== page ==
Transfer Pricing Contacts
This article originally appeared in the 9 February 2012 issue of BNA’s Tax Management Transfer Pricing Report Vol. 20 No. 19 on page 899.
By Jessica Tien, Janice Ng and Jane Wu
The authors examine trends and challenges related to the arm’s-length valuation of cost sharing buy-in and intangibles development payments in China.
The increasing complexity of businesses operating in China is leading Chinese subsidiaries of multinational companies to perform high-value-added research and development as well as brand-building activities that cannot be exclusively performed by their overseas affiliates. This has resulted in a growing tendency by Chinese tax authorities to challenge the routine level of remuneration allocated to Chinese affiliates, claiming that the Chinese subsidiaries are economic owners of the intangible assets in their respective region, entitling them to a share of the residual profits earned by the business.
Likewise, as China’s service industry continues to mature, many multinational companies have established regional headquarters in China to pool resources for group affiliates and provide centralized management, procurement, or sales and marketing services to the regional or Chinese group.
Participation in a cost sharing arrangement, therefore, is becoming more popular with Chinese subsidiaries as a way of reflecting their contribution to the market value chain and allowing them to achieve a ‘‘joint investment, joint participation, and shared benefit’’ target.
From a tax perspective, the arrangement can simplify a company’s cross-border intercompany transactions while optimizing its global tax and related administrative burden.
In addition to some of the basic concepts behind cost sharing arrangements, this article will present observations from the authors’ practical experience concerning China-specific trends and challenges related to the arm’s-length valuation of buy-in payments and cost sharing contributions.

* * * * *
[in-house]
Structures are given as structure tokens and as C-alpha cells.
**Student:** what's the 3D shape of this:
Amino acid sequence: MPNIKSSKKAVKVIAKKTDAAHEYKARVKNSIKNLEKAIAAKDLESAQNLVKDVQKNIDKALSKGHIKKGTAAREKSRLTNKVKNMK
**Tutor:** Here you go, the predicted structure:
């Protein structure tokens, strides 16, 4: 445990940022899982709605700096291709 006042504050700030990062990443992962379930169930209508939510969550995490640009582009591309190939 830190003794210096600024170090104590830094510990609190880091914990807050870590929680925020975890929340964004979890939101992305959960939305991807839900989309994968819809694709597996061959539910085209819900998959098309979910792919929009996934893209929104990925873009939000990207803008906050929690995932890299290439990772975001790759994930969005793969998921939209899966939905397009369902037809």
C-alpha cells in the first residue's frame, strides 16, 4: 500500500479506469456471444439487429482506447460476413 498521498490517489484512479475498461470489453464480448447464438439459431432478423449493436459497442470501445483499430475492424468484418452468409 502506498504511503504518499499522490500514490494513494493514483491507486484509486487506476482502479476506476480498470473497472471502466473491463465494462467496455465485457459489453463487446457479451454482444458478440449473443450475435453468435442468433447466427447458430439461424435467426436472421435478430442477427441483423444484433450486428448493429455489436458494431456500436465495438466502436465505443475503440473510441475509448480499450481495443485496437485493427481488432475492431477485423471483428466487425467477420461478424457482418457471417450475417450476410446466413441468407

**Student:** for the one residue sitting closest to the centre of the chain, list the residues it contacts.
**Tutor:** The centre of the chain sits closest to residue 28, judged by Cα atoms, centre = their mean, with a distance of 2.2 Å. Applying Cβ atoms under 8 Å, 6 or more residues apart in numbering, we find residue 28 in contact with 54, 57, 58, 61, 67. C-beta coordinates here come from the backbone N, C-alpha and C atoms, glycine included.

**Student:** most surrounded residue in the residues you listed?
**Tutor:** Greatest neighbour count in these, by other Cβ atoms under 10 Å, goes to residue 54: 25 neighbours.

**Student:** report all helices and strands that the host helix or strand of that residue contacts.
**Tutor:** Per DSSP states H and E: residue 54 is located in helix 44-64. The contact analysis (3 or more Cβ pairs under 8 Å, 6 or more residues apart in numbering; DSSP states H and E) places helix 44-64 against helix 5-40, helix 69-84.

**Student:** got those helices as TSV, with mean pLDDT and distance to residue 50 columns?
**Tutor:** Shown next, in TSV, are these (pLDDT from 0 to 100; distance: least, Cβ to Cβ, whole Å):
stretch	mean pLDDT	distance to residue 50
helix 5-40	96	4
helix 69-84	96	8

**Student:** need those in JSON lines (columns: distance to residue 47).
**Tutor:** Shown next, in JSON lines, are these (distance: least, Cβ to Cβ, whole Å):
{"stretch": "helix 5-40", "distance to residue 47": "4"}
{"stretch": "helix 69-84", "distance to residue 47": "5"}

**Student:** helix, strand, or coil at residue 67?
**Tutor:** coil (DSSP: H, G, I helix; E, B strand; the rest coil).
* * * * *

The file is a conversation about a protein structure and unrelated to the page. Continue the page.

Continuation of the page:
Basic principles of cost sharing
The Organization for Economic Cooperation and Development defines cost sharing, or ‘‘cost contribution,’’ as follows:
A framework agreed among enterprises to share the costs and risks of developing, producing or obtaining assets, services or rights, and to determine the nature and extent of the interests of each participant in the results of the activity of developing, producing or obtaining those assets, services or right.1
In the paragraph above, the guidelines suggest that the proportionate share of the overall expected benefits to be received by each participant should be consistent with the participant’s proportionate share of the overall contributions.
Furthermore, unlike intercompany transaction arrangements where only one party acts as the entrepreneur while the others act as routine service providers, manufacturers, or distributors, participants in a cost sharing arrangement are jointly responsible for the development and maintenance of certain intangible assets and are entitled to exploit such intangible assets separately—effectively as an owner, not as service provider or licensee.
Likewise for a services cost sharing arrangement, participants are jointly responsible for the provision of services and are not viewed strictly as service recipients or providers.
1 OECD, Transfer Pricing Guidelines for Multinational Enterprises and Tax Administrations, July 2010, Glossary—25, a.k.a. Cost Contribution Analysis.